New treatment options emerging for patients with refractory NMIBC

Defining BCG unresponsiveness is important for treatment planning.

Tracy Downs, MD, FACS
Tracy Downs, MD, FACS

Patients who experience tumor recurrence or progression despite Bacillus Calmette-Guérin (BCG) therapy following high-grade non-muscle invasive bladder cancer (NMIBC) resection present one of most challenging scenarios in urologic oncology.

“The gold standard remains radical cystectomy for those eligible with appropriate life expectancy,” said Tracy Downs, MD, FACS, chief diversity and community engagement officer at the University of Virginia Health System in Charlottesville.

Still, the future is bright for these patients due to an increasing array of treatment options.            

Dr. Downs moderated Friday’s plenary, “Survivor Debate: Non-Muscle Invasive Bladder Cancer Refractory to BCG: Cystectomy, Systemic Immunotherapy, Intravesical Chemotherapy,” which highlighted these treatment advancements, beginning with a key step in the process: defining when an NMIBC patient is BCG unresponsive. “The data show it is an important definition to rely upon for how to move forward with these complex patients,” Dr. Downs said.

Determining the BCG responsiveness status of a patient with high-risk NMIBC relies on 2018 FDA Framework/Guidance, defined as:

  • Persistent or recurrent bladder carcinoma in situ (CIS) ± Ta or T1 within 12 months of completion of adequate BCG—(“5+2”)
  • Persistent or recurrent high-grade Ta or T1 within six months of completion of adequate BCG—no change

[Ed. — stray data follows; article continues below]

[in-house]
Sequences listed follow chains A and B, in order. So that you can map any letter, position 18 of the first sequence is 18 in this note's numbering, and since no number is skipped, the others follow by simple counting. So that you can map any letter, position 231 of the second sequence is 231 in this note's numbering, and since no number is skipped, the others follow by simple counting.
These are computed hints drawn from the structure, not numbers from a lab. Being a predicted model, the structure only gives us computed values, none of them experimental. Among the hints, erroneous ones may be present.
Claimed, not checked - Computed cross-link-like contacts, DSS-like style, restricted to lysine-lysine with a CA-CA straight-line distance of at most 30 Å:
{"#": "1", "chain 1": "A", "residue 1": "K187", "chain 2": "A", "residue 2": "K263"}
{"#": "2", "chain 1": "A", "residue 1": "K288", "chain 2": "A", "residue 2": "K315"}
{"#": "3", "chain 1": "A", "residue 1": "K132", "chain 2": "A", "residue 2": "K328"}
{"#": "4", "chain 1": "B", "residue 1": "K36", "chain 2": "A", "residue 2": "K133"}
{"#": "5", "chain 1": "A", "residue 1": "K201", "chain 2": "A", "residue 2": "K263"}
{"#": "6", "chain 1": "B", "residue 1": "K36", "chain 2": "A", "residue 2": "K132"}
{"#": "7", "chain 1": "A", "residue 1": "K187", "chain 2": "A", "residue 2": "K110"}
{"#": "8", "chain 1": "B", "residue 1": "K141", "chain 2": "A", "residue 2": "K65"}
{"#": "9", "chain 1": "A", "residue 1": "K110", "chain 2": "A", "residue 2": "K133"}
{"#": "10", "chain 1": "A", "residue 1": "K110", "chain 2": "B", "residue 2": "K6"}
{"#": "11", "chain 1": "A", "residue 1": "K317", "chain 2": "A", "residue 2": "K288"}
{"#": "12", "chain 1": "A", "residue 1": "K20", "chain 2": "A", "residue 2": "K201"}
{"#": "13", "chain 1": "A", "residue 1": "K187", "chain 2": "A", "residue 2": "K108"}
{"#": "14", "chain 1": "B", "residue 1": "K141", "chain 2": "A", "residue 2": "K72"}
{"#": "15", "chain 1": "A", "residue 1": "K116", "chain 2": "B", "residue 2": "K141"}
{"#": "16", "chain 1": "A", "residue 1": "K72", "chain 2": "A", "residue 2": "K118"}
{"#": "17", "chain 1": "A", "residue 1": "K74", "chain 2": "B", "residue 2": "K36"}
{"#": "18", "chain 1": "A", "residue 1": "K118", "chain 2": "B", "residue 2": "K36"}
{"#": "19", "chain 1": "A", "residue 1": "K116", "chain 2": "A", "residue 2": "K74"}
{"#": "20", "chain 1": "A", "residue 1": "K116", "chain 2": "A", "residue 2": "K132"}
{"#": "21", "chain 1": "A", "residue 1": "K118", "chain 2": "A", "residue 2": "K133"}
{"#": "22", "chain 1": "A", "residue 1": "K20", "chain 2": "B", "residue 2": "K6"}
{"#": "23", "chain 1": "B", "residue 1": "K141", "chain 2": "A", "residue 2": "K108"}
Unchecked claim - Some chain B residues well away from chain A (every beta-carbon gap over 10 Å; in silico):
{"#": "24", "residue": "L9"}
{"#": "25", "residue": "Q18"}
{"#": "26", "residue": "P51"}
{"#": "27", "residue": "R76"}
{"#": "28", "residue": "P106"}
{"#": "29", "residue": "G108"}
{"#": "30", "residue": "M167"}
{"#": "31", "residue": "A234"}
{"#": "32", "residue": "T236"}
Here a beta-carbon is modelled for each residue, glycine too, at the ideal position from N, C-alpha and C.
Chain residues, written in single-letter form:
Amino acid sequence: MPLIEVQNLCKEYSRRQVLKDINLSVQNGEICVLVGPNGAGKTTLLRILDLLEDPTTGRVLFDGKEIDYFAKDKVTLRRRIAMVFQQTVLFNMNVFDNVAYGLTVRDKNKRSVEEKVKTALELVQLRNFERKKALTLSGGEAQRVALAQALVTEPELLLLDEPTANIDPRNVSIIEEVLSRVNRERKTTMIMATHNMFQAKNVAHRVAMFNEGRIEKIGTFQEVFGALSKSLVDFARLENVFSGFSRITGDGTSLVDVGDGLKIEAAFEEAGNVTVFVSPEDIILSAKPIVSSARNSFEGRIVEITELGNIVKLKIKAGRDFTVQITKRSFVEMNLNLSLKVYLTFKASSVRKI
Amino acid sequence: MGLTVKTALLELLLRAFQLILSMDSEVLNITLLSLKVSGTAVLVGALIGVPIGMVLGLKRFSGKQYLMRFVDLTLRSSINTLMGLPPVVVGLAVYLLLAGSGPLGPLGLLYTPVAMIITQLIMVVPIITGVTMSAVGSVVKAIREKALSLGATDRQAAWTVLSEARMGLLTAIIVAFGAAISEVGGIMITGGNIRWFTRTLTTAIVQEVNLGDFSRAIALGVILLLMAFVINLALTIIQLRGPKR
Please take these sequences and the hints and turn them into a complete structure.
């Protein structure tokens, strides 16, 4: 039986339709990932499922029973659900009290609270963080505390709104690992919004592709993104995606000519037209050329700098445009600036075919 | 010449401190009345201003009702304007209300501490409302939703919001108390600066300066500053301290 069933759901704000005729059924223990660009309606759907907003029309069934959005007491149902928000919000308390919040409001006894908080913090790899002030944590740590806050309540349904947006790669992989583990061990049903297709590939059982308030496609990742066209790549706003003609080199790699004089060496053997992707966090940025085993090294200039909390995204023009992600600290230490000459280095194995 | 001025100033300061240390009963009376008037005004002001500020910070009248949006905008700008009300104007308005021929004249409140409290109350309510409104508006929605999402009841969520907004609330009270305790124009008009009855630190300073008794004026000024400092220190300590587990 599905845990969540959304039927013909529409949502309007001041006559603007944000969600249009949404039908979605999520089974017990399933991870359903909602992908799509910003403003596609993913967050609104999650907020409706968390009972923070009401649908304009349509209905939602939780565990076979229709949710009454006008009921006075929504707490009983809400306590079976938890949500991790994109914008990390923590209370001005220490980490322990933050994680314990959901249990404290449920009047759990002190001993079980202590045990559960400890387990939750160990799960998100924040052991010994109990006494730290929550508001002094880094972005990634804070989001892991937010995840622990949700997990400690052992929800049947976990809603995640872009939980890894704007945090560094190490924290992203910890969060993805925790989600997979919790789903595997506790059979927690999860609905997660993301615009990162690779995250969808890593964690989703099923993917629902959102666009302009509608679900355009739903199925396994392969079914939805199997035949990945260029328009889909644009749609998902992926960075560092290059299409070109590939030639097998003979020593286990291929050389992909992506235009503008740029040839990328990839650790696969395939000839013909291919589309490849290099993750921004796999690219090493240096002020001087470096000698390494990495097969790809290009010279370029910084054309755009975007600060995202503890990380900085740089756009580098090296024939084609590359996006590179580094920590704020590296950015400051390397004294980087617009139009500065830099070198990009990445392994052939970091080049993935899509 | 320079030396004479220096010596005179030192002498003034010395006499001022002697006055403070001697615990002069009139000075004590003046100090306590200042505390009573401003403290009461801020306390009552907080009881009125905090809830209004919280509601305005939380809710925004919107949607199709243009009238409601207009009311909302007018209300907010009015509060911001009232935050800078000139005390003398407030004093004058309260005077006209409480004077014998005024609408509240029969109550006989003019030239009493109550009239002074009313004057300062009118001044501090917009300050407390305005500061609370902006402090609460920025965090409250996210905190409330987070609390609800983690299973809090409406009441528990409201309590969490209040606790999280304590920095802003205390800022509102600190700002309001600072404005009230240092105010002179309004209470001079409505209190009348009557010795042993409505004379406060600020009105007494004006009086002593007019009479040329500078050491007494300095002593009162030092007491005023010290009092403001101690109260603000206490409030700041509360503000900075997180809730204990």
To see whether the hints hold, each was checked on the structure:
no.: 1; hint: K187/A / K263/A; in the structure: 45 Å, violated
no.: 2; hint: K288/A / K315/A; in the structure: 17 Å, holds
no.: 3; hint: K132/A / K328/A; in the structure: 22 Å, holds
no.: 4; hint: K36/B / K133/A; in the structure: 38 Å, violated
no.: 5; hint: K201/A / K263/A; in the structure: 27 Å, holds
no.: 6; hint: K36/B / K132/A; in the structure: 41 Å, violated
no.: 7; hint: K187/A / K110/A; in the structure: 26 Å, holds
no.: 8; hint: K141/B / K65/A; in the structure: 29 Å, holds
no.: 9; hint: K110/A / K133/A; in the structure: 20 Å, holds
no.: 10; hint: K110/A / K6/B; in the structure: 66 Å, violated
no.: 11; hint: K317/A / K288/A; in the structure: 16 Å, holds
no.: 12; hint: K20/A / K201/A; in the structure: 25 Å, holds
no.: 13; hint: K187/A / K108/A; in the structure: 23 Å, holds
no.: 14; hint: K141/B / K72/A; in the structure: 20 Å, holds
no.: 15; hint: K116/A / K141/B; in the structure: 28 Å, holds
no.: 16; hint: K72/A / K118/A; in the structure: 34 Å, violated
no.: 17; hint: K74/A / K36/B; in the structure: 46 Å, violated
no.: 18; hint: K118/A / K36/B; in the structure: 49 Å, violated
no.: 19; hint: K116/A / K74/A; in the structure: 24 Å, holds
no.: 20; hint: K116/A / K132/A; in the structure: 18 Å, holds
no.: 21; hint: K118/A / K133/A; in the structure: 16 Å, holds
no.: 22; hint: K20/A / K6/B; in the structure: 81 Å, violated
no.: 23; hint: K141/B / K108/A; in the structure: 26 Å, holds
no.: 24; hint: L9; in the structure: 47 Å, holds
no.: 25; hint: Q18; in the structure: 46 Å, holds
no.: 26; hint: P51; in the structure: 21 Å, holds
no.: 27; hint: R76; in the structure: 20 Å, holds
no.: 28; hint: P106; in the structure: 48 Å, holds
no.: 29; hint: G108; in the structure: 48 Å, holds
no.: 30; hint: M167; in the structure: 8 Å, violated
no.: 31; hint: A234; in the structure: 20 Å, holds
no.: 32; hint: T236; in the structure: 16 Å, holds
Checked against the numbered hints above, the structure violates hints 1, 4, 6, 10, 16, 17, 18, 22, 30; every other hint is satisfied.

• T1HG at first evaluation after single induction BCG—at least five of six induction doses—no change

Defining BCG unresponsiveness is important for treatment planning. BCG-unresponsive patients are more likely to require radical cystectomy. Those opting for second-line therapies are less likely to remain disease free. BCG-unresponsive also indicates inferior high-grade recurrence-free survival and cystectomy-free survival, Dr. Downs said.        

Other guiding principles for managing BCG unresponsiveness in the NMIBC patient include the quality of transurethral resection of a bladder tumor in NMIBC treatment, the importance of prostatic urethra sampling and ureteral/upper tract monitoring.

Case studies were presented involving patients with persistent CIS to assess whether the extent of the disease was adequately evaluated, with expert commentary from Seth P. Lerner, MD, professor of urology and the Beth and Dave Swalm Chair in Urologic Oncology at Baylor College of Medicine in Houston, Texas, and James M. McKiernan, MD, the John K. Lattimer Professor of Urology and chair of the Department of Urology of the College of Physicians and Surgeons and urologist-in-chief at New York-Presbyterian/Columbia.            

In high-risk patients with persistent or recurrent disease within one year following treatment with two induction cycles of BCG or BCG maintenance, Dr. Downs noted that AUA Guidelines 2020 recommend that clinicians offer radical cystectomy.

Still, new treatment options are available; others are expected to be ready for routine use in the near future. For patients with intermediate or high-risk NMIBC, 2020 AUA/SUO NMIBC Guidelines recommend that within 12 months of adequate BCG therapy for patients unwilling or unfit for radical cystectomy, a clinician may recommend clinical trial or offer alternative intravesical therapy, such as valrubicin, gemcitabine, docetaxel or combination chemotherapy. A clinician may also offer systemic immunotherapy with pembrolizumab to a patient with CIS within 12 months of completing adequate BCG therapy.

Moreover, systemic immunotherapy is FDA approved and guideline endorsed with emerging intravesical immunotherapy data. Intravesical combination chemotherapies are now guideline endorsed with promising multiagent trial data. Combination trials of intravesical and systemic therapies are also ongoing.

“After 21 years without an FDA approval, the menu of options is exciting,” Dr. Downs said.

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